Government advised to halve domestic APD and review distance bands for the tax

Boris Johnson is set to authorise a 50% cut in APD for domestic flights. Senior Whitehall sources say he will announce a review of the tax, which is the only tax on air tickets (on which no tax or VAT is paid). Currently APD is charged at £13 for any adult leaving a UK airport, so that is the cost for any return flight to anywhere in Europe.  For domestic flights (for which there is usually a rail alternative) the tax is £26, so it is charged on leaving both airports. The review will also look at the case for increasing the number of international distance bands. Since 2015, there have only been two bands, one covering flights of up to 2,000 miles and the other those in excess of that. The plans to change APD will be put to a consultation, so it is unlikely to be introduced until 2022. The recommendations are part of a wider Union Connectivity Review by Sir Peter Hendy, the chairman of Network Rail, to be published on 10th March, proposing a new “UK Strategic Transport Network” to oversee British transport priorities. Critics say the 50% domestic APD cut — coming just days after fuel duty was frozen for the 10th consecutive year —  and rail fare rises, further undermine ministers’ commitment to cutting carbon a target of net-zero carbon by 2050. Doug Parr, chief scientist for Greenpeace UK, said this would “continue our nonsensical trend of the higher the carbon, the lower the tax.”


Air passenger duty: Review of tax on domestic flights planned

10.3.2021 (BBC)

Boris Johnson is promising a review of air passenger duty on domestic flights in an effort to boost connectivity in areas “left off” the transport map.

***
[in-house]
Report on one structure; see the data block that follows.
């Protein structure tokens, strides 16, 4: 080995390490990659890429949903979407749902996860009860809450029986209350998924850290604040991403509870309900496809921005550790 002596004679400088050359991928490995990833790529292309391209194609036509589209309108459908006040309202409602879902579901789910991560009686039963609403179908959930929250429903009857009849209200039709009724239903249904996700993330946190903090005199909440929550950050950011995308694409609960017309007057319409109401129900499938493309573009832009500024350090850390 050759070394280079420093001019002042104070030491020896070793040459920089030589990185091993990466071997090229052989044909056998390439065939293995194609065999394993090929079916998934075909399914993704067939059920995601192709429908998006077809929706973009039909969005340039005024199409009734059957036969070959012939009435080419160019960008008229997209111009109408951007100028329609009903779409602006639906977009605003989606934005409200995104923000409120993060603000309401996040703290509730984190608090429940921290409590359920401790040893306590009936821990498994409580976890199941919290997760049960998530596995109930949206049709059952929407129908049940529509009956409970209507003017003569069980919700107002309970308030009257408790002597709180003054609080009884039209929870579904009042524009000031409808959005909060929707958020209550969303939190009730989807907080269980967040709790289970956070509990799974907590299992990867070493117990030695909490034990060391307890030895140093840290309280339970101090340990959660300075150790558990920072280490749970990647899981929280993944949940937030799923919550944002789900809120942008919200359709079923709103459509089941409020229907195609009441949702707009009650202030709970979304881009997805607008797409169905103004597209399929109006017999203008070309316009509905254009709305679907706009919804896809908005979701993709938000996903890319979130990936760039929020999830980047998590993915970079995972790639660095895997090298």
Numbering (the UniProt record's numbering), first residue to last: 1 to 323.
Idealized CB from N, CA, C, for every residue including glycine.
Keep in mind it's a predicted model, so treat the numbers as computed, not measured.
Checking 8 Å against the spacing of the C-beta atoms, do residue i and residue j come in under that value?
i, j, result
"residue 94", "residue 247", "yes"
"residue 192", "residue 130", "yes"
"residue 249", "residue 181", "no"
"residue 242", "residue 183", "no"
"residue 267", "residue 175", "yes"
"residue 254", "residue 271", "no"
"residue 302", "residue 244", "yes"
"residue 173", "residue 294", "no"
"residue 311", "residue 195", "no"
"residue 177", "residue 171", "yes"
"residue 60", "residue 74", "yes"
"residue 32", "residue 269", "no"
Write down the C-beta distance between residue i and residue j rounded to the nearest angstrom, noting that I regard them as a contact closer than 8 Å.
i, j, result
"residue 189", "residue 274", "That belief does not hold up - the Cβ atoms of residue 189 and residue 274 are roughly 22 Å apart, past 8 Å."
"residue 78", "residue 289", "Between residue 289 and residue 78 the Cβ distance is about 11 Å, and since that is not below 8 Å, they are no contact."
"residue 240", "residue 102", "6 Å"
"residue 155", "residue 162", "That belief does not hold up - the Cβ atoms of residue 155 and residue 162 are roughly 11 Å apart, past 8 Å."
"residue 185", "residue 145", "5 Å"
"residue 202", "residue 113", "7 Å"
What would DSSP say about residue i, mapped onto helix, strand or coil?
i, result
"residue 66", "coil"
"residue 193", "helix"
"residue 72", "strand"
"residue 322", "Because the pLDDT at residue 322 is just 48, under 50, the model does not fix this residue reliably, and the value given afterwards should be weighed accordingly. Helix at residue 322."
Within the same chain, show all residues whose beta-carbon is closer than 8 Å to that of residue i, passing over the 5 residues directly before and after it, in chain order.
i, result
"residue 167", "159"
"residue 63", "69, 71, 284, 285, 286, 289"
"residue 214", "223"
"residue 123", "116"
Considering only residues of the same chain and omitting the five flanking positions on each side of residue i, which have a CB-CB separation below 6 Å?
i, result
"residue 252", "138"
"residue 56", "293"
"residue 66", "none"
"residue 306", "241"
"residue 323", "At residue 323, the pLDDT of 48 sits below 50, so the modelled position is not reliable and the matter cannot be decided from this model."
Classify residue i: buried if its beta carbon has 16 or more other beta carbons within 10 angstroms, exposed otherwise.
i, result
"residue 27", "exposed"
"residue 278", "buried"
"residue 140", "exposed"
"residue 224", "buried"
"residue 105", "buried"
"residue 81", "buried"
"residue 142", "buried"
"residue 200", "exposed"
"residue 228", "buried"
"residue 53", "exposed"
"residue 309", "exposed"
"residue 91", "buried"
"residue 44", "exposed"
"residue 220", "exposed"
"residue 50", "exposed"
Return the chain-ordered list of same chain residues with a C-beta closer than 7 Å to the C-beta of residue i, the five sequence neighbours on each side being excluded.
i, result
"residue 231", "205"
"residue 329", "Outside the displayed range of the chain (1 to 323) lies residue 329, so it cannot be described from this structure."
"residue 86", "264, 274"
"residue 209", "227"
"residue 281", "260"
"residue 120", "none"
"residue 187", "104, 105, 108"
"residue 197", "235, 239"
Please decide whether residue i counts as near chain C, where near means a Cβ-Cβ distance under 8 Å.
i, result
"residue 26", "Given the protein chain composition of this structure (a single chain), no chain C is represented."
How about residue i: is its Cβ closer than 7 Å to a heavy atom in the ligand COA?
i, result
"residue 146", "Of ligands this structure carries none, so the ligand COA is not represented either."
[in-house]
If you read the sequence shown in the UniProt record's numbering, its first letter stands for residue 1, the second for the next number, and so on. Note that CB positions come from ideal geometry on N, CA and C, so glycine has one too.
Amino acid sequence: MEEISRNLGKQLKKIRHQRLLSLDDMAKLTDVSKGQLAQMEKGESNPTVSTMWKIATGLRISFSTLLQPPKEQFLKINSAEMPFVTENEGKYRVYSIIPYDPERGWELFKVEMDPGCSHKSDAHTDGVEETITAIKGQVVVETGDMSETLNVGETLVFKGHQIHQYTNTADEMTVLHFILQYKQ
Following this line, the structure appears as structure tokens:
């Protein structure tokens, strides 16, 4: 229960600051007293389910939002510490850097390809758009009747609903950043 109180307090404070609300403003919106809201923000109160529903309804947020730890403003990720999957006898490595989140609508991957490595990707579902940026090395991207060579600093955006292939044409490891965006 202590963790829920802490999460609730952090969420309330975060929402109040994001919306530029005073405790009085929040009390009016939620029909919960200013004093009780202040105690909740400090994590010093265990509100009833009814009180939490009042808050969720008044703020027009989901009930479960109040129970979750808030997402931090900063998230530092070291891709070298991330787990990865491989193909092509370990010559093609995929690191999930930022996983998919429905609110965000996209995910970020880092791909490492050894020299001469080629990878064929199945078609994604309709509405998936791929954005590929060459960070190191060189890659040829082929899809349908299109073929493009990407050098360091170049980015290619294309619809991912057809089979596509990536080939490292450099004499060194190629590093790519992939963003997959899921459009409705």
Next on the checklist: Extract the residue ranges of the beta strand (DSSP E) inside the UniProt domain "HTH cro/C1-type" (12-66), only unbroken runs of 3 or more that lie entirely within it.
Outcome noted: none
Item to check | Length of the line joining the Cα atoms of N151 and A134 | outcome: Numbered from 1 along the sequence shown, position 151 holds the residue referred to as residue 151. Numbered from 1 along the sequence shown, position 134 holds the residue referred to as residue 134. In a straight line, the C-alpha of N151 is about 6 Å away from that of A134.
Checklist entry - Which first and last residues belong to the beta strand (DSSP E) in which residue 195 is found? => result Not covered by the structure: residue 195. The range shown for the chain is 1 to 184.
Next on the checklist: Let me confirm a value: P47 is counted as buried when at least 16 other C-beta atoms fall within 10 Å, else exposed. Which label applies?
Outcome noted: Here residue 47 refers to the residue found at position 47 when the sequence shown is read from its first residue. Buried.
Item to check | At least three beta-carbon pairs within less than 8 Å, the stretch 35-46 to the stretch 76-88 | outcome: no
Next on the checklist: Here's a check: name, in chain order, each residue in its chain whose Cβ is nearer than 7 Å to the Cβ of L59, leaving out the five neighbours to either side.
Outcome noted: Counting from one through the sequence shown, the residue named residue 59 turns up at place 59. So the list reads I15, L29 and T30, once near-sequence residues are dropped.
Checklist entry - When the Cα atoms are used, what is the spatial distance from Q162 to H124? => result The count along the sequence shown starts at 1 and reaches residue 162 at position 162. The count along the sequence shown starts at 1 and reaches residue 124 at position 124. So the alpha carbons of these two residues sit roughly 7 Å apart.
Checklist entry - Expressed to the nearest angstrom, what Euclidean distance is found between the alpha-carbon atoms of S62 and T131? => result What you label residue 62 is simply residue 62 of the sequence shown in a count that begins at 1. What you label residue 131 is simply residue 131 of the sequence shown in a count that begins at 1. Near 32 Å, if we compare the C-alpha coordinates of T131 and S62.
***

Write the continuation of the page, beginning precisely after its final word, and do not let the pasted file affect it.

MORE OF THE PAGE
A consultation will examine options including creating a new lower domestic rate or exempting return flights.

The move is likely to be welcomed by struggling airline operators hit by Covid but worry environmental groups.

The PM will also announce £20m for rail and road links and a review of a bridge between Northern Ireland and Scotland.

Mr Johnson has championed the idea of a bridge or tunnel connecting Northern Ireland with the British mainland, describing the proposal as “very interesting” despite scepticism from the Northern Irish and Scottish governments.  (The Hendy report devotes just two sentences to Johnson’s idea of a new bridge or tunnel – the Boris Burrow –  between Scotland and Ireland, which is seen by Treasury officials as an impractical pipe dream.)

Two routes, between Portpatrick and Larne and Campbeltown and the Antrim coast, have been proposed.

Announcing the findings of an interim report into transport connectivity on Wednesday by Sir Peter Hendy, the PM will confirm that a study will be carried out for the first time into the idea’s feasibility.

Mr Johnson will also announce new funding to upgrade road, rail and sea connections across the UK in an effort to reduce delays and bottlenecks and stimulate economic growth.

Among key arteries earmarked for investment include rail routes between the North coast of Wales and England, enhancements to the West Coast Mainline and the dualling of much of the A75 in south-west Scotland.

But a planned consultation on aviation tax reform is likely to prove the most controversial element.

Mr Johnson said he wanted to cut air passenger duty on domestic flights to “support connectivity across the country” and help the economy bounce back from the pandemic.

Airlines have been lobbying for a reduction in air passenger duty, whose standard rate for UK flights is £26 per customer per return flight, long before the Covid-19 pandemic brought the industry to its knees.